Page:A Voyage to Terra Australis Volume 1.djvu/26

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to the islands of the Pacific, or Great Ocean: its northern limit is at Cape Tork; and the extremity of the southern Van Diemen's Land, is its opposite boundary.

The various discoveries which had been made upon the coasts of Terra Australis, antecedently to the present voyage, are of dates as widely distant, as are the degrees of confidence to which they are respectively entitled; the accounts, also, lie scattered through various books in different languages; and many are still in manuscript. It has, therefore, been judged, that a succinct history of these discoveries would be acceptable to the public; and would form an appropriate introduction to a voyage, whose principal object was to complete what they had left unfinished. Such a history will not only, it is hoped, be found interesting, but, from the occasions it will furnish to point out what remained to be done at the beginning of, the nineteenth century, will satisfy a question which may be asked: Why it should have been thought necessary to send another expedition to explore the coasts of a country, concerning which it has been said, near thirty years ago,—"It is no longer a doubt, that we have now a full knowledge of the whole circumference of this vast body of land, this fifth part of the world."[1] An expression, which the learned writer could have intended to apply only to the general extent of the new continent, and not to the particular formation of every part of the coasts; since the chart, which accompanies the voyage of which he was writing the introduction, represents much of the south coast, as being totally unknown.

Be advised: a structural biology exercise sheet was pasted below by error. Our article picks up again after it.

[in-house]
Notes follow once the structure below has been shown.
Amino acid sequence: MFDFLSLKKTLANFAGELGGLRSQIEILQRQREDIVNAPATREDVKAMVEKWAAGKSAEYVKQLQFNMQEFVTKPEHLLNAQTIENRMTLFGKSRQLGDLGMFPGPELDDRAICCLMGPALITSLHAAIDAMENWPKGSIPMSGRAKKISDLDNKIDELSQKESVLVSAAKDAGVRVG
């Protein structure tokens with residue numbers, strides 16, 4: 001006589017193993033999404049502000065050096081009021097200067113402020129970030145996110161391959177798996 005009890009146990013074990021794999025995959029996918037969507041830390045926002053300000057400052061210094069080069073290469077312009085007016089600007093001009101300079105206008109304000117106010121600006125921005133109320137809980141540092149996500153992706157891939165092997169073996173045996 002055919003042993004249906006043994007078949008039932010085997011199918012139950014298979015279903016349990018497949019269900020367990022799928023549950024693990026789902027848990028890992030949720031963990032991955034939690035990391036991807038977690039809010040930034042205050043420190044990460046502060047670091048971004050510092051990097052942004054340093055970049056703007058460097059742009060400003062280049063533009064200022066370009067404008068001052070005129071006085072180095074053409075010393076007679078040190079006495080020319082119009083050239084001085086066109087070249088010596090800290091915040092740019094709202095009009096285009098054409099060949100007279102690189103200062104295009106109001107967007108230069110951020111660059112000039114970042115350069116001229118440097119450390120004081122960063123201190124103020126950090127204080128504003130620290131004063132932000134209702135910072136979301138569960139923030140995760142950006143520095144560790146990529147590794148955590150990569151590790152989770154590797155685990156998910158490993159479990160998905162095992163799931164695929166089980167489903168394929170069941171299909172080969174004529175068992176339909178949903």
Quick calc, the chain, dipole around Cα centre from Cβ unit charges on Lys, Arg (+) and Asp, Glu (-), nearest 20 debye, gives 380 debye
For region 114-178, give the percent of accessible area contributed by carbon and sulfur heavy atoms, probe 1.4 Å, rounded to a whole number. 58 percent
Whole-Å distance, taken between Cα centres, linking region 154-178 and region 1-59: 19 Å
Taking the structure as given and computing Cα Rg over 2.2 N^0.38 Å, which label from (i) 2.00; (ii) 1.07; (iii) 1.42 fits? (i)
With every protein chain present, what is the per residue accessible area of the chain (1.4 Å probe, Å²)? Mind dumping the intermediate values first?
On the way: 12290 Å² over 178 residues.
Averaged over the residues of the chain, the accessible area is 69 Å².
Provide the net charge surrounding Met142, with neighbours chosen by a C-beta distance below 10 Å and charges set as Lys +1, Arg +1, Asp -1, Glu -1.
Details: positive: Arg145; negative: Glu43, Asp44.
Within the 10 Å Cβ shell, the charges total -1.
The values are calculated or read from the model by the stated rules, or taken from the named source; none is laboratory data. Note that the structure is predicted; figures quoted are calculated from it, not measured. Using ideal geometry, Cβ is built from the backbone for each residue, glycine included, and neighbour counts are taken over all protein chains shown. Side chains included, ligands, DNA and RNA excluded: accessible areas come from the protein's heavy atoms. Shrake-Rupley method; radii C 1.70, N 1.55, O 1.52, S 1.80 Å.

In tracing a historical sketch of the previous discoveries, I shall not dwell upon such as depend upon conjecture and probability, but come speedily to those, for which there are authentic documents. In this latter, and solely important, class, the articles extracted from voyages, which are in the hands of the public, will be abridged to their leading heads; and the reader referred, for the details, to

  1. Cook's third Voyage, Introduction, p. xv.